It's terrific to know that the 12 artists who created work for this new facility have contributed to Houston's sustainable future. Thanks to each for responding to the call to create work that would become an 'artful intervention in the functionality' of this unique city building at 1002 Washington Avenue.  

Artists for the project?
Dick Wray
Serena Lin Bush
Jesse Sifuentes
Kaneem Smith
Geoff Winningham
Metablab Studio
Havel-Ruck Projects
Agnes Welsh Eyster
Mary Margaret Hansen

You just might want to visit this facility. Soon. It's open to the public every day.  And ride the elevators to see art on all five levels.  Don't miss a thing. 

Saturday, September 3, 2011

RED Zine: Focus on Houston Permitting Center

Just received the link to Studio RED's Zine devoted entirely to the Houston Permitting Center, a project for which they were lead architects and the galvanizing force promoting sustainability features that will become more cost effective with each season. Take a look at RED Zine.

More on the artful interventions soon. The City of Houston is compiling content on all aspects of the facility for on-line access. I am still collecting a few artist statements. May have to write a couple myself, just to make the deadline. How are there always so many loose ends in any project? Do I make these jobs up?
Perhaps I'd do well to bear in mind the sage advice which is signed with plexi-hands on level 2 of the building. It reads, "Fewer problems down the road, if you solve the issues today."

Sunday, August 28, 2011

Havel and Ruck Out Do Chamberlain

When I was in New York a week ago, I spent a couple of underwhelming hours at MOMA. Very little was exciting, but I guess it might be hard to top the Matisse exhibition I saw there a summer ago. What I did see was an unassuming John Chamberlain sculpture in the middle of one of the galleries. And I thought to myself. "It's nice." I used to think Chamberlain was quite wonderful and yes, some of his work on display in Marfa IS marvelous, but this MOMA piece was simply 'nice'.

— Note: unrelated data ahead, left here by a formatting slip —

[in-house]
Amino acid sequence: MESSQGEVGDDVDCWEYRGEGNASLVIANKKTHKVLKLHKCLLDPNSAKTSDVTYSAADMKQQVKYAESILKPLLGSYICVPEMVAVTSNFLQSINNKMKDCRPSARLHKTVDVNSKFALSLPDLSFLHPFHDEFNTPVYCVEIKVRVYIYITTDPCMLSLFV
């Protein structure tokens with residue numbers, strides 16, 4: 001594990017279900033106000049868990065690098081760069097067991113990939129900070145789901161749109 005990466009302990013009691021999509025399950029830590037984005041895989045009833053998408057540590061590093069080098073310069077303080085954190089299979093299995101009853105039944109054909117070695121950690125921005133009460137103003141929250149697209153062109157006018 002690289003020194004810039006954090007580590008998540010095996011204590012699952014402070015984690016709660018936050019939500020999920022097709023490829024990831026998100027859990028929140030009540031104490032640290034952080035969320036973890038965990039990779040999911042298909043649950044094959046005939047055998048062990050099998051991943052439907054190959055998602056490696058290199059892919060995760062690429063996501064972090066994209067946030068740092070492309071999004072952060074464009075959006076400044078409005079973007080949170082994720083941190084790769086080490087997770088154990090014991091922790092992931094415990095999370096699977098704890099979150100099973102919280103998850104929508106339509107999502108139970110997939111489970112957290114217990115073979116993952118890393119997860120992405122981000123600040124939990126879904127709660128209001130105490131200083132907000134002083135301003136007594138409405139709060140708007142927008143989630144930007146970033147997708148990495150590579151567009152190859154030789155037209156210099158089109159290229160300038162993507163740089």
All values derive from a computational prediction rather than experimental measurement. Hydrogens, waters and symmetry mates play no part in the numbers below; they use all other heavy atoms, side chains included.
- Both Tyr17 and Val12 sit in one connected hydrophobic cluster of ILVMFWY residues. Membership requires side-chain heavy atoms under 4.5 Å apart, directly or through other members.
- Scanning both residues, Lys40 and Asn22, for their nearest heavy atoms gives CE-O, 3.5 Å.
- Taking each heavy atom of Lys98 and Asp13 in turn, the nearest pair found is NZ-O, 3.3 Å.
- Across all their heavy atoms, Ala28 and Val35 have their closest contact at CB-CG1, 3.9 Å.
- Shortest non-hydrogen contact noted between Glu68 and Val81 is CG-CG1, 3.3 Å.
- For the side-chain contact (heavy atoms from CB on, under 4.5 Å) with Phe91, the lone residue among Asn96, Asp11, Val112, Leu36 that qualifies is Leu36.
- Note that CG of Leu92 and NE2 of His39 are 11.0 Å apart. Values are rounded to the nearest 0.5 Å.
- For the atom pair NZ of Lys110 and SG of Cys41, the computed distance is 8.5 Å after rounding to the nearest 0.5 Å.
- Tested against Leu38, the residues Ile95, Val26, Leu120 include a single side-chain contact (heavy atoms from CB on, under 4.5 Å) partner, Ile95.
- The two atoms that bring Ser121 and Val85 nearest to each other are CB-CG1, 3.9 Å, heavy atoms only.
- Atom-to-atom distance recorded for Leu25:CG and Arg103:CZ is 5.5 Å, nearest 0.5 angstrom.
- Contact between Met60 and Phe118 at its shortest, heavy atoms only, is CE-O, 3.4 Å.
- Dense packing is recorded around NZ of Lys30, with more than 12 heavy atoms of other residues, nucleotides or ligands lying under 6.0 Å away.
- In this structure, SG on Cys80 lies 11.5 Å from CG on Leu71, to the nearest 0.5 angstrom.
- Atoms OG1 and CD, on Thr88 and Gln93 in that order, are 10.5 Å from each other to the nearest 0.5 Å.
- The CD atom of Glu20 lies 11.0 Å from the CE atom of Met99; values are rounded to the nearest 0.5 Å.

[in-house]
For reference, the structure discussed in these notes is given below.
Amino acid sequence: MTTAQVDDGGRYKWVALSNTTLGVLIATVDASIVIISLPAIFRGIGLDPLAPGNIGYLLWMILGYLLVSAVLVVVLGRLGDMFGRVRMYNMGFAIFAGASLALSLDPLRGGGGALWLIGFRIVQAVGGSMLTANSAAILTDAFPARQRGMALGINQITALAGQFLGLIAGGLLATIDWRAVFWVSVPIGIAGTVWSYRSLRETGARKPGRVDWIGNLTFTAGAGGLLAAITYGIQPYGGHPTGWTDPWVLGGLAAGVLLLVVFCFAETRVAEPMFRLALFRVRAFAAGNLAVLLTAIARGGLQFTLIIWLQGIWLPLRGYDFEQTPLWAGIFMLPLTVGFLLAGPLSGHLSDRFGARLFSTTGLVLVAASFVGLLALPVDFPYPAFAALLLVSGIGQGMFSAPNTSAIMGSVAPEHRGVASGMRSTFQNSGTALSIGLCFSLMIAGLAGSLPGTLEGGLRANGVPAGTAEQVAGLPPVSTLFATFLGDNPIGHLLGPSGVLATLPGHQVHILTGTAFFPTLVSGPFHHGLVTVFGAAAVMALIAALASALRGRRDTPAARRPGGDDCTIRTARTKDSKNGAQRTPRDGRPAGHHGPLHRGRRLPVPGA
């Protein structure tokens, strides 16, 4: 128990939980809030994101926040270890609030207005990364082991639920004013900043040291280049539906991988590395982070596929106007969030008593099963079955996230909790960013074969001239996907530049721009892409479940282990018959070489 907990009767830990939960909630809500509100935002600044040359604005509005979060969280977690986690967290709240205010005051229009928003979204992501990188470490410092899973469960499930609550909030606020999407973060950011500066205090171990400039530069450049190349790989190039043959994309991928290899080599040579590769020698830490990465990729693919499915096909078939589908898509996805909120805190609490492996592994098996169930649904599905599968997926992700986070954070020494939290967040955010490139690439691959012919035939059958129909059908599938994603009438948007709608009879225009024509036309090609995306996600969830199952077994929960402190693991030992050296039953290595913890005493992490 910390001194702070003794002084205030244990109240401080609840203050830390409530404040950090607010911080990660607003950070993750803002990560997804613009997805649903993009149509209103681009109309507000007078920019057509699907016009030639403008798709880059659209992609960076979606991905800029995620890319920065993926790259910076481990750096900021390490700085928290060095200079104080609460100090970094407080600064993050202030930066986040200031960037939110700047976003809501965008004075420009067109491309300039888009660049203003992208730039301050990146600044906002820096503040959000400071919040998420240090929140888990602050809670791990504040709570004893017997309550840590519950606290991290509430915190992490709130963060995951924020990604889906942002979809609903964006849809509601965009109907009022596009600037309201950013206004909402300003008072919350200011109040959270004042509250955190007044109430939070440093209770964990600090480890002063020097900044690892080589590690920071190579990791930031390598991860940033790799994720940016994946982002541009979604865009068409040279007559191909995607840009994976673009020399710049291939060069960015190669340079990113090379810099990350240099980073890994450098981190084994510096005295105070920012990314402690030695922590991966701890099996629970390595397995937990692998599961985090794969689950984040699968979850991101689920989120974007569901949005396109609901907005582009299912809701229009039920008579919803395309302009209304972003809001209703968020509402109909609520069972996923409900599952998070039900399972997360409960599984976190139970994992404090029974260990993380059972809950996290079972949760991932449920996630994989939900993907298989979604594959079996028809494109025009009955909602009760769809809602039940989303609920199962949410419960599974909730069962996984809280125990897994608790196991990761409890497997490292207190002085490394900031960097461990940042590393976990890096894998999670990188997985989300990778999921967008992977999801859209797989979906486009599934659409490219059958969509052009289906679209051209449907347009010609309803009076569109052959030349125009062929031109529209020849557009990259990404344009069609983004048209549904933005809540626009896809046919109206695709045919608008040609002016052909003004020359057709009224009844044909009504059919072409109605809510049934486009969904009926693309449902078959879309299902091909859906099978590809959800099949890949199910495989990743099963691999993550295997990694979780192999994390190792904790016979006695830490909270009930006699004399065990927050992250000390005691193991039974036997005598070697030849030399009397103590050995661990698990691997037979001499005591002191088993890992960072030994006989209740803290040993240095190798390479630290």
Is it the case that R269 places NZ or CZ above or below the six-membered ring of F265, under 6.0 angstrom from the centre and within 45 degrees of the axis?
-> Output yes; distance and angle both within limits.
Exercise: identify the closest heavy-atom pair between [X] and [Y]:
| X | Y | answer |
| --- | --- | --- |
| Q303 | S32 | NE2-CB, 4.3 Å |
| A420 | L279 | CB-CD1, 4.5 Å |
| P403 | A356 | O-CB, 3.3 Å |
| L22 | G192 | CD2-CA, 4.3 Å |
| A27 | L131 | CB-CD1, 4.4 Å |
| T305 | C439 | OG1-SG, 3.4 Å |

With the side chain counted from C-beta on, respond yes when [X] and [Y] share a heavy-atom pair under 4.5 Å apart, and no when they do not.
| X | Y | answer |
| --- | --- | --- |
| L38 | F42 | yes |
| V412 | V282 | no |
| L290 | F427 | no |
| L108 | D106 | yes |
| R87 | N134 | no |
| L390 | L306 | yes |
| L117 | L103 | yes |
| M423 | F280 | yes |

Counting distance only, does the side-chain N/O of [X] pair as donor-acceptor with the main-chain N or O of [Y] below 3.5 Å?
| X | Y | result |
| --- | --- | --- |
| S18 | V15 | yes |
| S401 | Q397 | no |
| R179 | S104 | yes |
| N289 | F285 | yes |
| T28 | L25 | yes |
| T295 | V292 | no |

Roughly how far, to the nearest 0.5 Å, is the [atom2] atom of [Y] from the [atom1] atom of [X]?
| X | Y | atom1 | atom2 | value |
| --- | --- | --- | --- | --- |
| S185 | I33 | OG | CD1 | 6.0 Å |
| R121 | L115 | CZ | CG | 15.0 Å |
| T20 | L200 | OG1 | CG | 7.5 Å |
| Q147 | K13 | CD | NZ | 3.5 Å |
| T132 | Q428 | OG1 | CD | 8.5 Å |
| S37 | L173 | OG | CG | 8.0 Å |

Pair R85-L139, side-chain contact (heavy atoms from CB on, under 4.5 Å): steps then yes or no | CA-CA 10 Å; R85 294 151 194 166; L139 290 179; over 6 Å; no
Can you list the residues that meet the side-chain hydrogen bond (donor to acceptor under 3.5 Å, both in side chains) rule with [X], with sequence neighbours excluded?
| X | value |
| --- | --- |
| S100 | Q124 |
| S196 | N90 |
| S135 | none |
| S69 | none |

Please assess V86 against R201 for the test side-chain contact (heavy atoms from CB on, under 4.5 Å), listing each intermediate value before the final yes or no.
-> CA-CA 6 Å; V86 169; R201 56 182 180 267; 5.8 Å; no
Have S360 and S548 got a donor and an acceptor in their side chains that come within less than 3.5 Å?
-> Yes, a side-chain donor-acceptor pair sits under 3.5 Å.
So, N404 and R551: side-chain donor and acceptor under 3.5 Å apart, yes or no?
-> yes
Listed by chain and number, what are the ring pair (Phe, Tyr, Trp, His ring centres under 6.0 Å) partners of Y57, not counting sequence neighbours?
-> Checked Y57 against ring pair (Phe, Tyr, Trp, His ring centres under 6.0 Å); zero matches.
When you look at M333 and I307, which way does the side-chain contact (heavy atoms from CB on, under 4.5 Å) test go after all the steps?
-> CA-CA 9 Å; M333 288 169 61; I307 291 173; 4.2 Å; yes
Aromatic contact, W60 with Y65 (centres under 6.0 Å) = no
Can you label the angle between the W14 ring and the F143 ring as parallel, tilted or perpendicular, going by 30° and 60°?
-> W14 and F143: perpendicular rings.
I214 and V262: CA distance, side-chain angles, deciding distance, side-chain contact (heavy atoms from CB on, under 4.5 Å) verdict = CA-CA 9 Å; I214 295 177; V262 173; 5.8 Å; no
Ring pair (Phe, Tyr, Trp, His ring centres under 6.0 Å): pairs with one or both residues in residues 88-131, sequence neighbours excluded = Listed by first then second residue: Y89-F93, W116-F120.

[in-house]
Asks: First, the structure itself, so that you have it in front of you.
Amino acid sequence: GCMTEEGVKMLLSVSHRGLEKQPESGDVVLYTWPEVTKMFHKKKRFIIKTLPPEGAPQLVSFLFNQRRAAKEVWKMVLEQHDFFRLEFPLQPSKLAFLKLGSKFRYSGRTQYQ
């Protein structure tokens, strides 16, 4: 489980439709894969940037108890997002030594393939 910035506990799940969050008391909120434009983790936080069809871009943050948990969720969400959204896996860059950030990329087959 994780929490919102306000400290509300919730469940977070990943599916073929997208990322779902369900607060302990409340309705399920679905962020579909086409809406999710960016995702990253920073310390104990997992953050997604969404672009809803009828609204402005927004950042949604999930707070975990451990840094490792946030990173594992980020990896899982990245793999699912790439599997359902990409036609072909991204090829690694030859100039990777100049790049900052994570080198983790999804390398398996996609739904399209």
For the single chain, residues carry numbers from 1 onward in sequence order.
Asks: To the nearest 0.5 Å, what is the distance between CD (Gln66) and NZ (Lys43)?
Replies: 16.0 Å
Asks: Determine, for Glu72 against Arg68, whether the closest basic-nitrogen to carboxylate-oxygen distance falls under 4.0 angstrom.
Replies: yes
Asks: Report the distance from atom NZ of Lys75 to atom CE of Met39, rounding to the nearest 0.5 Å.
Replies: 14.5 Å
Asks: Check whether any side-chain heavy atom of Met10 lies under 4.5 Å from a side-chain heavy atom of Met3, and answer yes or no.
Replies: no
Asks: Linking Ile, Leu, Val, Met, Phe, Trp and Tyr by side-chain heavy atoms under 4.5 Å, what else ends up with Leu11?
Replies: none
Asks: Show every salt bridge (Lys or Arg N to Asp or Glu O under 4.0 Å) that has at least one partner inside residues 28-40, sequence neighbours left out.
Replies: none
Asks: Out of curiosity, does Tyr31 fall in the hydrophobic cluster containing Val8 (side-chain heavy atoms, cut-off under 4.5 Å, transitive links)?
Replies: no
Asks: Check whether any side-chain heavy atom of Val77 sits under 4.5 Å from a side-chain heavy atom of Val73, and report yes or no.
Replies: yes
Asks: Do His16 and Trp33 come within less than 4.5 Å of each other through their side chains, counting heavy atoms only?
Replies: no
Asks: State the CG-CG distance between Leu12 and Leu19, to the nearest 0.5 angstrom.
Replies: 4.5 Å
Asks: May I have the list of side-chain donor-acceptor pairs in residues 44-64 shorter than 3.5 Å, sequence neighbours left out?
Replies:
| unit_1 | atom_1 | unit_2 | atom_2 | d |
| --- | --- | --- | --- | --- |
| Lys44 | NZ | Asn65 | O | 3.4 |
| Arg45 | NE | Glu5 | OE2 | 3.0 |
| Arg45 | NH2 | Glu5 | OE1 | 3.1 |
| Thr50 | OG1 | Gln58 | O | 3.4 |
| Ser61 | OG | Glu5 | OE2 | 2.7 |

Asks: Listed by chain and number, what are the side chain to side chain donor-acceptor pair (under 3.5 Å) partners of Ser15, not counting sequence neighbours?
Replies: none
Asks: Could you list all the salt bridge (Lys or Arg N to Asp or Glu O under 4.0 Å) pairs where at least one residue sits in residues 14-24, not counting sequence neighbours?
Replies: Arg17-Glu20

I thought about and compared this John Chamberlain piece to Dean Ruck and Dan Havel's 'Torrent' at the new Houston Permitting Center. An entire wall is overloaded with recycled, repurposed metals with enough energy to power a high wind. Funky beautiful details are strewn with abandon or calculation all over the place.I am not doing Dean and Dan's work justice with these photos. ' Suffice it to say that Torrent' should be on everyone's fall schedule for 'looking at art'. And just so you know, I heard someone say that the piece is 'John Chamberlain on steroids.' That is not an inaccurate statement. P.S. We spent time adjusting lights for this wall, but to little avail as you'll see if you visit any time soon. However, better lighting is coming and then the work should then begin to dance and wink as well as hold that wall. Get thee to 1002 Washington Avenue and take a look.

Monday, August 22, 2011

Installing Dick Wray's Tower

Hard to image, but I've not been in the Houston Permitting Center for over a week. Unprecedented. But I have business there on Wednesday morning, so I'll see if the artist's stainless steel etched plaques have been installed. That is one of the few 'last things' that need to happen in the building in order to say 'We're finished'. We are still going to work with Houston Arts Alliance on a brochure for the facility's artwork, but that looks like it will happen in September after everyone gets back from summer travels.